Tag Archives: TE

Tennessee v. Garner

Tennessee v. Garner

Tennessee v. Garner as a Leading U.S. Case

Tennessee v. Garner is one of the leading United States Supreme Court decisions impacting law enforcement in the United States, and, in this regards, Tennessee v. Garner may be a case reference for attorneys and police officers. As a leading case, this entry about Tennessee v. Garner tries to include facts, relevant legal issues, and the Court's decision and reasoning. The significance of Tennessee v. Garner is also explained, together with the relevance of Tennessee v. Garner impact on citizens and law enforcement.

Citation of Tennessee v. Garner

471 U.S. 1 (1985)

Terrorist Groups

Terrorist Groups

Domestic Terrorist Groups

In line with Steven Chermak & Jeff Gruenewald

about Terrorist Groups in the Encyclopedia of Law Enforcement:

Public concern about international terrorism changed dramatically after al Qaeda successfully attacked the World Trade Center and the Pentagon. Although it was the most significant mass casualty terror attack in the history of the United States of America, it was not the first. As recently as 9 years ago, Timothy McVeigh, a right-wing extremist who has been called the American (United States) Terrorist (Michel & Herbeck, 2001), destroyed the Alfred P. Murrah federal building in Oklahoma City, Oklahoma, killing 168 people and injuring many more. This attack, like the September 11, 2001, attacks, shocked the public and changed people's concerns about terrorism. In order to understand terrorism and the threat of terror, it is important to consider both international and domestic threats. This entry focuses on the latter. This discussion serves as an overview of domestic terrorism in America.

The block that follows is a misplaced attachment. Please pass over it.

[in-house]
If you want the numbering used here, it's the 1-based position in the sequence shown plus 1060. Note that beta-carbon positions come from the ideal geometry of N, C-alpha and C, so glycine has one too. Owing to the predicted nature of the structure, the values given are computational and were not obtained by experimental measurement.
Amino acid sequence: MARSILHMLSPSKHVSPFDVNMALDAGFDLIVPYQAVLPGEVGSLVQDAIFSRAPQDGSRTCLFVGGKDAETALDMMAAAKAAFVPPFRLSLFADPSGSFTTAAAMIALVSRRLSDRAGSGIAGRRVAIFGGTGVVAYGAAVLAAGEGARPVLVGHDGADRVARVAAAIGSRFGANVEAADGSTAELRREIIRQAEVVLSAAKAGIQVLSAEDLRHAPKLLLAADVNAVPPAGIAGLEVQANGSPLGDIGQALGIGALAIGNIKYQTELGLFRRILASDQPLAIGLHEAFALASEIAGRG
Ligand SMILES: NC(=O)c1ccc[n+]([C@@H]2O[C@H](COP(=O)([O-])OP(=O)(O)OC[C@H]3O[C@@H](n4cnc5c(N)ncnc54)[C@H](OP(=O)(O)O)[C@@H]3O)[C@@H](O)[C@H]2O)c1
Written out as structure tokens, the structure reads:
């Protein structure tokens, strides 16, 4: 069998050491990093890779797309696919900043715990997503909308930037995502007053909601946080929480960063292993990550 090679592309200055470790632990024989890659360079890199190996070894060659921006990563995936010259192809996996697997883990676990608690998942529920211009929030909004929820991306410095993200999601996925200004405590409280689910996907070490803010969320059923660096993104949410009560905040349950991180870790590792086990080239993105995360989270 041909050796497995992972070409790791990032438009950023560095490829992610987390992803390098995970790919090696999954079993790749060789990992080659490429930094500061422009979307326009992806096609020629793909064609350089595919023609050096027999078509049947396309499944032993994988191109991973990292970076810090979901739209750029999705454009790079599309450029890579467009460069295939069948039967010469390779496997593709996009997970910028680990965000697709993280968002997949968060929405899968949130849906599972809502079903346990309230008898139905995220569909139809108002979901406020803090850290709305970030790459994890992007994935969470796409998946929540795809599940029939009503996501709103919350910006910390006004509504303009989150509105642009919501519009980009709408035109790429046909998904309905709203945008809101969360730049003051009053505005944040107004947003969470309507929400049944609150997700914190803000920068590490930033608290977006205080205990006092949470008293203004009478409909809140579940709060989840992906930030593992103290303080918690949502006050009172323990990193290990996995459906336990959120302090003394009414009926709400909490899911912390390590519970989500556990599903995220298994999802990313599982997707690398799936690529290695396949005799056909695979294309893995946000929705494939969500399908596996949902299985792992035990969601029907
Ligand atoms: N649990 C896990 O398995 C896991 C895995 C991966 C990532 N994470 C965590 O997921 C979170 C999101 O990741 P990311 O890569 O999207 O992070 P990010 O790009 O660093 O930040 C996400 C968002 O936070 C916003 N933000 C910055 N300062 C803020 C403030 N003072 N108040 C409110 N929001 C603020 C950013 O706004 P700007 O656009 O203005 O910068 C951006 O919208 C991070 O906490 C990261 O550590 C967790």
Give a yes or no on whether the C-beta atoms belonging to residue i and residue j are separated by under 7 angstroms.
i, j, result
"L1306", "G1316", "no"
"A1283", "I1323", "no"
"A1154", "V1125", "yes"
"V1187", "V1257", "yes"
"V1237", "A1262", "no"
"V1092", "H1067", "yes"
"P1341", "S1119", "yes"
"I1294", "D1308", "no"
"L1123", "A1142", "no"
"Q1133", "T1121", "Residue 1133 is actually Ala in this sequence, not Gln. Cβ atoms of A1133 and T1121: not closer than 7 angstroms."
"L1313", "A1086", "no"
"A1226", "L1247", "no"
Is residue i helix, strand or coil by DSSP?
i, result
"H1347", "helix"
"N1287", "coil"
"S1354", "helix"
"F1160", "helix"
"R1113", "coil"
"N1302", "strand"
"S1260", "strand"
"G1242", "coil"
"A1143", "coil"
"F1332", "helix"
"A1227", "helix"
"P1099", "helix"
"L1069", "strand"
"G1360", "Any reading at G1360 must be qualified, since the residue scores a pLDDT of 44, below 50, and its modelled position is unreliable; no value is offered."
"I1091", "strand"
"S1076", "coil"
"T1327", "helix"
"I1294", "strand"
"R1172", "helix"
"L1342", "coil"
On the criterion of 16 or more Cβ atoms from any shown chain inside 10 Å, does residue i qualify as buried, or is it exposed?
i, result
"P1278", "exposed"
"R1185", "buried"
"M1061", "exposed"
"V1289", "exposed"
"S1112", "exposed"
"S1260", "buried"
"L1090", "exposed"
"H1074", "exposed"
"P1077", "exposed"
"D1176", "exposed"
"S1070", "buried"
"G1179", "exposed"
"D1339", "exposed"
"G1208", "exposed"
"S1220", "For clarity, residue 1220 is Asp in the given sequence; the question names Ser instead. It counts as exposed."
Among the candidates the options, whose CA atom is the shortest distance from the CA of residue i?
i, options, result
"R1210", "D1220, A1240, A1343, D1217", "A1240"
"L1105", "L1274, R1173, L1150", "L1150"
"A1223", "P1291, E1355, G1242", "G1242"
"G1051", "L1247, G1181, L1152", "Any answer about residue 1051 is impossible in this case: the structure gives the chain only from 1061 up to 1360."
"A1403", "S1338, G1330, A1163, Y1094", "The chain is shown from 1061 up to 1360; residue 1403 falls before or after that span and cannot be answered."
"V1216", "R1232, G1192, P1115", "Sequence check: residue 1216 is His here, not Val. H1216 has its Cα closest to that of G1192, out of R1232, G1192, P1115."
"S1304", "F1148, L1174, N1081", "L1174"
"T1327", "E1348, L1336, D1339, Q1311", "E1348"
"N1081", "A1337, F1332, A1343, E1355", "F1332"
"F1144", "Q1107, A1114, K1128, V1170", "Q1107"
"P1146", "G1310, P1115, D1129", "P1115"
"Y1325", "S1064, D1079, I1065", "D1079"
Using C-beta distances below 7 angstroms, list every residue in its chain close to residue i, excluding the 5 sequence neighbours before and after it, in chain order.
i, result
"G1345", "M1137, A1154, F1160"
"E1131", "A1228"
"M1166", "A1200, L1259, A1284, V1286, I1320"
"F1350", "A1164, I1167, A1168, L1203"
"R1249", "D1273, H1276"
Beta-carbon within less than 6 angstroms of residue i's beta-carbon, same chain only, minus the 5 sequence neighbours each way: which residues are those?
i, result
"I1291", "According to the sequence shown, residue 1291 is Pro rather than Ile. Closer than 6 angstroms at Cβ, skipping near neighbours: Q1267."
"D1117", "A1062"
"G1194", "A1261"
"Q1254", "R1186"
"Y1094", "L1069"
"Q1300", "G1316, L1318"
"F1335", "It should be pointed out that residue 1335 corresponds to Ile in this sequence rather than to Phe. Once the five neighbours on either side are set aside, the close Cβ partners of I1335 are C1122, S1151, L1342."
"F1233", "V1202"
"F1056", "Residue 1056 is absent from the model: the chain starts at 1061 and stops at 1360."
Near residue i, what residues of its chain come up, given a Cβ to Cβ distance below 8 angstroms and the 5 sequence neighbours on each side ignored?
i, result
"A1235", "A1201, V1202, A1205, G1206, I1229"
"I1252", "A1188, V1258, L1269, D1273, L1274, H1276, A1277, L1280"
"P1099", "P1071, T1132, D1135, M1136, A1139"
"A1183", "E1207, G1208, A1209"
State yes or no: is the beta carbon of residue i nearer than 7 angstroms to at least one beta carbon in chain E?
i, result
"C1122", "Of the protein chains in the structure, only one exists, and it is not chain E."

Foreign Terrorist Groups

In line with Adam Dulin

about Terrorist Groups in the Encyclopedia of Law Enforcement:

The term terrorism is rooted in the French Revolution during Maximilien Robespierre's reign of terror, a period when potential enemies of the government were ruthlessly exterminated. Terrorism itself is much older than the origins of the term. For example, the Assassins, a group related to mainstream Shiite Muslims in Iran, committed acts of terrorism more than 1,000 years ago. Likewise, the Thugs of India terrorized travelers in ritualistic fashion for more than three centuries. There is no single accepted definition of what constitutes terrorism. More than 100 definitions have been offered by academe and law enforcement agencies through decades of research. The pejorative nature of the term, as well as the politics involved in designating an act of violence as terrorism, contribute to the difficulty in developing a single definition.

Television

Television

Police Shows in Television

In line with Pamela Donovan

about Television in the Encyclopedia of Law Enforcement:

The television police show is a crucial, or even sole, source of information about policing for large numbers of citizens. Many citizens have limited contact with the police and thus develop their ideas about police work and crime from television. Police work, as represented in television drama, has consistently differed from the views in film, books, and television crime news. Film noir and detective novels from the 1930s onward depicted a morally corrupt world in which police officers operated. This is a contrast to Dragnet (1951-1959 and 1967-1970), the first series developed in the “police procedural” format. The procedural has served as a basic model for the police series up through the present.